The EIA reported that the average total supply of natural gas increased by 1% week/week, chiefly driven by a 1% gain in dry gas production as net imports from Canada were unchanged.
Total US consumption of natural gas increased by 6% week/week as cooler weather persisted across most of the country. Residential-Commercial sector demand rose by 10%, offsetting a 6% drop in consumption for power generation. Industrial sector demand increased by 2% and exports to Mexico increased by 6% week/week.
LNG exports increased week/week with six LNG vessels, totaling 22 Bcf, departing US ports throughout the week. Commissioning continues at the new Corpus Christi liquefaction terminal, which is expected to load its first export by the end of the year.
The EIA reported that US electric power CO2 emissions have declined 28% since 2005, compared to the rest of the energy industry which only decreased 5%. If demand growth had continued to increase at the 1996-2005 average (1.9% per year) and carbon intensity was unchanged, CO2 emissions in the power sector would have totaled 3,043 million metric tons (MMmt) in 2017. Instead, 2017 emissions were 1,744 MMmt. This drop in emissions has been most largely attributed to a lower electricity demand growth, which reduced emissions by approximately 654 MMmt. The movement towards a less carbon-intensive mix of fuels, such as natural gas-fired generation and renewables, has also contributed to lower emissions. Substituting fossil fuels for cleaner energy sources caused emissions to drop by another 645 MMmt. State policies and federal tax incentives have encouraged this shift.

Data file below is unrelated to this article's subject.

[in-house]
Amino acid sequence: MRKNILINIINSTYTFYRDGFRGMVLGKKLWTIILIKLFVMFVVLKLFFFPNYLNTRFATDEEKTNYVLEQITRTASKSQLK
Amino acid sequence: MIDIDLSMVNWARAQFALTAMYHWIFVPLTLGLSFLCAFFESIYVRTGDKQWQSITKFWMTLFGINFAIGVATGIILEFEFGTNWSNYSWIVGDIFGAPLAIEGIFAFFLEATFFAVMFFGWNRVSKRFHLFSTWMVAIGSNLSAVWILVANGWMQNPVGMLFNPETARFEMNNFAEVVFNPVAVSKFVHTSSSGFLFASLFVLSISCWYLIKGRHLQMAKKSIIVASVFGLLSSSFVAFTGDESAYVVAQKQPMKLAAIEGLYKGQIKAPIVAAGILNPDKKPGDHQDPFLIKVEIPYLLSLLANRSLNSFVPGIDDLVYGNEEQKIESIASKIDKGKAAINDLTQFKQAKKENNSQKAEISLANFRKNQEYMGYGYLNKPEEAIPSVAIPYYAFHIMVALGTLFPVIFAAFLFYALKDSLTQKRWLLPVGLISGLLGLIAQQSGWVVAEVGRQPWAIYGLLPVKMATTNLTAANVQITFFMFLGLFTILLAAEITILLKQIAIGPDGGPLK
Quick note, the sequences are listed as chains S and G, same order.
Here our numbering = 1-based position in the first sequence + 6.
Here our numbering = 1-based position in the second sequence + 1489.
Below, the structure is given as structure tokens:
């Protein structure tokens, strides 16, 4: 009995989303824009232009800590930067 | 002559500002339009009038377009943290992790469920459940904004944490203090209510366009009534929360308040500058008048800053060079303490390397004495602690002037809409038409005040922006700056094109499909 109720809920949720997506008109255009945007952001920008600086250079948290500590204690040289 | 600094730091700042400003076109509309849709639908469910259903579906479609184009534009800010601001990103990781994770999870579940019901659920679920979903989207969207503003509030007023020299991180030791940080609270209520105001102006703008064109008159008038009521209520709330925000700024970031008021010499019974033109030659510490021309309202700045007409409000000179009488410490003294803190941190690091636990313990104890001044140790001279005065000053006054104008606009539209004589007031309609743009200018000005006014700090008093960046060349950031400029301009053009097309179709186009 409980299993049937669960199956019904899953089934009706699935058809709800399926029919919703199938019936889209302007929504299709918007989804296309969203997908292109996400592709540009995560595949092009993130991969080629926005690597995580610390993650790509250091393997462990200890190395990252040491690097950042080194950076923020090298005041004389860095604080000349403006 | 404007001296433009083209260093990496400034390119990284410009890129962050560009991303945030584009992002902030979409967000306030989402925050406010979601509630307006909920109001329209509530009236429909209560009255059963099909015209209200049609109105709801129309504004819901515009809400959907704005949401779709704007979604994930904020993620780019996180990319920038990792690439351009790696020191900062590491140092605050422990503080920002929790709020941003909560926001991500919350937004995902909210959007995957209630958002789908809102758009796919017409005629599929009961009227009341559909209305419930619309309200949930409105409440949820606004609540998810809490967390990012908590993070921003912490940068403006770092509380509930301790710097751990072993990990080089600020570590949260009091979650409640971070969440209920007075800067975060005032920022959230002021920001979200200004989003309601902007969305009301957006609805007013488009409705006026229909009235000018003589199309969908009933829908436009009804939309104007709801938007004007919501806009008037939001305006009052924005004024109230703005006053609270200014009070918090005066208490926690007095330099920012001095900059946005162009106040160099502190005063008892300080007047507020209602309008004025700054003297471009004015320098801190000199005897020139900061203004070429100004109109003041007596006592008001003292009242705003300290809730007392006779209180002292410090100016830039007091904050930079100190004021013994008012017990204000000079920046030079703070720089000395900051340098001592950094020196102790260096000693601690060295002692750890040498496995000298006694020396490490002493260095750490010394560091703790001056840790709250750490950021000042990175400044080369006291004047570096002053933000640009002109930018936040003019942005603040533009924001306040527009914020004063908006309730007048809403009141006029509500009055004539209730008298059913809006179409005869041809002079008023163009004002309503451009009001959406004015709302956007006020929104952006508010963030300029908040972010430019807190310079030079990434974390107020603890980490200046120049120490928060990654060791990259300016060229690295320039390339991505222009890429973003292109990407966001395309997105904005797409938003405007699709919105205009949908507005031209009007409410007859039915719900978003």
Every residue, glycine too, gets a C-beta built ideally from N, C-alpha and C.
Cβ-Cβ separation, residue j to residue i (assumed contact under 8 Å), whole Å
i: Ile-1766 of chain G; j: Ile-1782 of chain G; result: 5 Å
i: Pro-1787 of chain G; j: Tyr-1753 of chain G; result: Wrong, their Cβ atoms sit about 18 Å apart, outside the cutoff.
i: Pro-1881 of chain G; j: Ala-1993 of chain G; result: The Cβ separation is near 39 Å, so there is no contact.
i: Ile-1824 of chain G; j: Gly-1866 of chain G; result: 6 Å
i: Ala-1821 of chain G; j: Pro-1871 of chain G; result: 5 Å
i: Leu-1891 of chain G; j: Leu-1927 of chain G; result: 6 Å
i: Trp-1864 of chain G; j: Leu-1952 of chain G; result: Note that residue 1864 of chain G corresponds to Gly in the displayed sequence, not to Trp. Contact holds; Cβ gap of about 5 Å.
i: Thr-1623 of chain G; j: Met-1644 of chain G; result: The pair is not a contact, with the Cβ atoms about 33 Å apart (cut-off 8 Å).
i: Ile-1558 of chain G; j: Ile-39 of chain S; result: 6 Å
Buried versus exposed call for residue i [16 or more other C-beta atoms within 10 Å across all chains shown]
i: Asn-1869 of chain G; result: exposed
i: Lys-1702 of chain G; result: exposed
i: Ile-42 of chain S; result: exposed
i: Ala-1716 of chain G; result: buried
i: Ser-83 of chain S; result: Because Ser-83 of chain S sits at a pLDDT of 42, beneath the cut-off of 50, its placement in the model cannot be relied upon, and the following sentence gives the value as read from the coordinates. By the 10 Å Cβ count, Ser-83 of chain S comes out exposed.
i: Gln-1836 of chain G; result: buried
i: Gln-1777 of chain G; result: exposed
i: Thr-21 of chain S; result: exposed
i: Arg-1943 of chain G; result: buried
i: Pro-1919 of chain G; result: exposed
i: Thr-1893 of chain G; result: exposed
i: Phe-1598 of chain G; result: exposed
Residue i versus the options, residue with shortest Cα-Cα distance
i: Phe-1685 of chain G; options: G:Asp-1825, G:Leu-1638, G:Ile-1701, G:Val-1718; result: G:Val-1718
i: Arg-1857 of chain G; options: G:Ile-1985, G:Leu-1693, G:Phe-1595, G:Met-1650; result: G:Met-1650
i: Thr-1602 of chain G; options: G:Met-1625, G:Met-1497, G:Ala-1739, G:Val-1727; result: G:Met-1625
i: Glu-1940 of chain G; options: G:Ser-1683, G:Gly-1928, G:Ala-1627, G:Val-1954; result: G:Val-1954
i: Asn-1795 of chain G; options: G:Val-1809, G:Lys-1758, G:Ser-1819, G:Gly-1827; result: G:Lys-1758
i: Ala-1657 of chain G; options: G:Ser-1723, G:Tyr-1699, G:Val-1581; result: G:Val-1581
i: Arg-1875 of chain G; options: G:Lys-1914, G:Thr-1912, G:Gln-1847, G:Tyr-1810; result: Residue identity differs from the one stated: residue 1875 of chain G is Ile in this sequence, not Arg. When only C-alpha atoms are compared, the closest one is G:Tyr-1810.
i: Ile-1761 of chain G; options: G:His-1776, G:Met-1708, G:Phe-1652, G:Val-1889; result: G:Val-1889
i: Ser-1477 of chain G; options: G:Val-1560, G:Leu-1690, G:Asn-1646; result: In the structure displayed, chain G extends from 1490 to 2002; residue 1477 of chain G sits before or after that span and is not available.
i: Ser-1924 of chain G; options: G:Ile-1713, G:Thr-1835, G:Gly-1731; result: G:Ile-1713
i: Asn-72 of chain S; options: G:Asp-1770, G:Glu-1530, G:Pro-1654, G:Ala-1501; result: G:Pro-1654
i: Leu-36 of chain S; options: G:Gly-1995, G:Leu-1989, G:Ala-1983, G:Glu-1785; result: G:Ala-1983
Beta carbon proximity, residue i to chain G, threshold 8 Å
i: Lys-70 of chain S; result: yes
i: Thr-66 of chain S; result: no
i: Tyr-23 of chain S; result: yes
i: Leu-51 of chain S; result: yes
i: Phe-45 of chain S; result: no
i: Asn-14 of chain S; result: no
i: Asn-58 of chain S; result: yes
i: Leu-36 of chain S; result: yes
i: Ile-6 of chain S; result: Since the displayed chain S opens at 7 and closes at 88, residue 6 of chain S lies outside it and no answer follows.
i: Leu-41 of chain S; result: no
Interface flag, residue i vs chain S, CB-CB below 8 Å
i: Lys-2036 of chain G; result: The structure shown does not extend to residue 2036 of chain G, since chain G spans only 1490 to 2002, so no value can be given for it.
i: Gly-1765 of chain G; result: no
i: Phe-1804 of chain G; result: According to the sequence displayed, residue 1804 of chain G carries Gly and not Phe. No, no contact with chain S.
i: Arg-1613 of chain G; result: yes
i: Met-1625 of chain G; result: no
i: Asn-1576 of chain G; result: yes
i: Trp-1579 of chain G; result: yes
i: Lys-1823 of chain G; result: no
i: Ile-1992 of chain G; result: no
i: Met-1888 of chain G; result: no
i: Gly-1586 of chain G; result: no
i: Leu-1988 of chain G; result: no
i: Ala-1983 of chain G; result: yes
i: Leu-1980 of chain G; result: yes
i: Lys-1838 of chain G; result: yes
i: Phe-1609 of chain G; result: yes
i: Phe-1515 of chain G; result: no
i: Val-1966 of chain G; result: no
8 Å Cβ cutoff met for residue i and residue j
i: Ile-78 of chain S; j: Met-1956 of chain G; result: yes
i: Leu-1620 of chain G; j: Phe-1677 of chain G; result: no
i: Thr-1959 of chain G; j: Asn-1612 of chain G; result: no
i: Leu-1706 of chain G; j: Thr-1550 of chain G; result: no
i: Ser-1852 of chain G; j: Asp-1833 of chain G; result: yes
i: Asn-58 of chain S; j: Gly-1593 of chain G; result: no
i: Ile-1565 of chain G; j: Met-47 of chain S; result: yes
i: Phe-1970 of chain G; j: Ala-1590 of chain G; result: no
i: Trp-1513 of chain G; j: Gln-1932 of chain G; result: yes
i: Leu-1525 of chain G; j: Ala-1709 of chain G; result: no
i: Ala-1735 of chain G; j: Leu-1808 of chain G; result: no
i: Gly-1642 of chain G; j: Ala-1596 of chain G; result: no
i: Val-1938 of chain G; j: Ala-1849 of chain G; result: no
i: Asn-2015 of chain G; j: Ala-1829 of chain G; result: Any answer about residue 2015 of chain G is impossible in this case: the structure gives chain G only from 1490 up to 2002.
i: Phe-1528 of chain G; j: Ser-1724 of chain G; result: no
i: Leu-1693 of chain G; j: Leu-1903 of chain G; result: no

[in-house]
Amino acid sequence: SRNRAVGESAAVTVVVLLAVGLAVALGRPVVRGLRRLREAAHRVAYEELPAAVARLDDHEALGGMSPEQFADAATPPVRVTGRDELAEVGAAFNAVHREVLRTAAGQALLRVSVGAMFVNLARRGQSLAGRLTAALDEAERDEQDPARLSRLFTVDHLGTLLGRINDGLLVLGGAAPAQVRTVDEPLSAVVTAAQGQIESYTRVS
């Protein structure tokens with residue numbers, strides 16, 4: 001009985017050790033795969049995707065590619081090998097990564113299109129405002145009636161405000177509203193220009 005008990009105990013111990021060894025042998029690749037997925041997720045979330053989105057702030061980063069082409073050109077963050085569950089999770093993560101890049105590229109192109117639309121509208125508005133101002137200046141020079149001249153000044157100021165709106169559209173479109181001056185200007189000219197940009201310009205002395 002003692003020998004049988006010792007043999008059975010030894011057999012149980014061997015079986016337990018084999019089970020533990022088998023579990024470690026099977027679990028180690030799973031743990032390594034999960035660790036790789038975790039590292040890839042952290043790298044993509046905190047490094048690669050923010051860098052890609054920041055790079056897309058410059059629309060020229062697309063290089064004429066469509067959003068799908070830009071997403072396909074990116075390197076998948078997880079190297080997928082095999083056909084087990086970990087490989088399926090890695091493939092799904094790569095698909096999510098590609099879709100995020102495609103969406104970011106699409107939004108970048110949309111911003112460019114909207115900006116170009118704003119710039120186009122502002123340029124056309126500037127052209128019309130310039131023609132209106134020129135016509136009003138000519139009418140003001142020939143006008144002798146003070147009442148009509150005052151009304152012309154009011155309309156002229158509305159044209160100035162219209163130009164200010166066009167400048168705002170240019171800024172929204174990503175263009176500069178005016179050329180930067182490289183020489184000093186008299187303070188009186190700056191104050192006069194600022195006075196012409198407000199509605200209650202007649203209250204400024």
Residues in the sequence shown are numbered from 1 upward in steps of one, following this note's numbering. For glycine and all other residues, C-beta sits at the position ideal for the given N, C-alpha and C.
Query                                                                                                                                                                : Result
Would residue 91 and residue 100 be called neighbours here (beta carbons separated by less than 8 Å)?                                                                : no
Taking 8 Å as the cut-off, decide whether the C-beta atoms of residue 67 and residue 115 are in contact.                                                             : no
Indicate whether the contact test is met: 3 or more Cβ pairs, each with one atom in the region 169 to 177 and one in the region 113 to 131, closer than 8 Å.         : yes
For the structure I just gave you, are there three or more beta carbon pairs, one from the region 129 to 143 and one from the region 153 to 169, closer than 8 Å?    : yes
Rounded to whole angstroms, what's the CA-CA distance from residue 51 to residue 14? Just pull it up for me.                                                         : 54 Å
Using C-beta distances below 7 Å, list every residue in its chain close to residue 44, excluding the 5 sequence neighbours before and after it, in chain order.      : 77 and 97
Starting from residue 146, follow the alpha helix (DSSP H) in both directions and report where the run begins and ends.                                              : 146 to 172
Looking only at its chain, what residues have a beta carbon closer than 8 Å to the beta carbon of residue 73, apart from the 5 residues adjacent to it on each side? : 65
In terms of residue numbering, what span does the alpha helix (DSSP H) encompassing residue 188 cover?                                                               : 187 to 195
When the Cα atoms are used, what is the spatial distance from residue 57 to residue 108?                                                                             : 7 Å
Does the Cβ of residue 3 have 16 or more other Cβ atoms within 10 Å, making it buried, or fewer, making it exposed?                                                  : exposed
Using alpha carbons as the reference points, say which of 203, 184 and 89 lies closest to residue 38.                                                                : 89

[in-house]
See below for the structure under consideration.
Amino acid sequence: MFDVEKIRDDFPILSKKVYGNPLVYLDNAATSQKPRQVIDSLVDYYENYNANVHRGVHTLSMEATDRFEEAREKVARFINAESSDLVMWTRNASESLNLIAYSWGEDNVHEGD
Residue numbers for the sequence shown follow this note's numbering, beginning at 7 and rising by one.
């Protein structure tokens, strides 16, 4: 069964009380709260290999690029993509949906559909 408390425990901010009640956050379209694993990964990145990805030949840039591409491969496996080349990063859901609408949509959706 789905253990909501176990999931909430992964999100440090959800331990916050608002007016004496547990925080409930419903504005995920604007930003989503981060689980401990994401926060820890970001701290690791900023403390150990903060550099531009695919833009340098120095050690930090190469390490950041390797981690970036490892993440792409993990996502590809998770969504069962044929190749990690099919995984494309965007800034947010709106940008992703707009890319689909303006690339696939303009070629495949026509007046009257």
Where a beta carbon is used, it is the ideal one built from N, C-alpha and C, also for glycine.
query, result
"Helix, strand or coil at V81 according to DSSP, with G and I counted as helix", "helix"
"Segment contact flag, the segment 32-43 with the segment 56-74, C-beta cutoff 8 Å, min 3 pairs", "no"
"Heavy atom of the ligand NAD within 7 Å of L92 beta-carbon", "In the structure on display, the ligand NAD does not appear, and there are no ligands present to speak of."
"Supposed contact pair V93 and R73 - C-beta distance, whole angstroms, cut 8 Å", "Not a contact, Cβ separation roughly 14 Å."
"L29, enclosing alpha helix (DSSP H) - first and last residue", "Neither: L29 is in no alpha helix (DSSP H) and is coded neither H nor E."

Pennsylvania’s PECO has released new proposed PTC rates for the price period running December 1, 2018 through February 28, 2019. The proposed changes are as follows: residential (R, RH) rates to drop 0.4% to $0.06778/kWh, General Service (GS) <100 kW rates to increase 1.3% to $0.06610/kWh, Primary Distribution (PD) <100 kW rates to increase 1.3% to $0.06306/kWh, and High Tension Power (HT) <100 kW rates to also increase 1.3% to $0.06062/kWh. Due to a change in transmission rates effective starting December 1 and scheduled to be filed in mid-November, these proposed rates only reflect generation costs and not yet the updated bypassable transmission rates.
Maryland’s Baltimore Gas & Electric (BGE) has filed updated tariffs for new Schedule G - Type II PTC rates for the December 1, 2018 to February 28, 2019 price period. These rates, which include transmission and generation but not reconciliation (Rider 8), are: $0.09894/kWh On-Peak, $0.07685/kWh Intermediate, and $0.0743/kWh Off-Peak Energy for Schedule GS – Type II rates, and $0.09333/kWh On-Peak, $0.07049/kWh Intermediate, and $0.06847/kWh Off-Peak Energy for Schedules GL, P, & T – Type II rates.
Above normal warmth sweeps across the entirety of the east coast in the 8-14 day window. Chances for above normal temperatures decreases further west towards the entirety of the central U.S. seeing neutral risk and seasonal conditions. West of the Rockies, particularly in the Southwest corner of the U.S., is expected to see above normal temperatures.
Drier air consumes most of California, with neutral precipitation risks wrapping around the rest of the Pacific coast. The rest of the lower 48 is expecting to see above normal precipitation risks, with a bulk of the rain likely to occur in the Midwest and around the Great Lakes.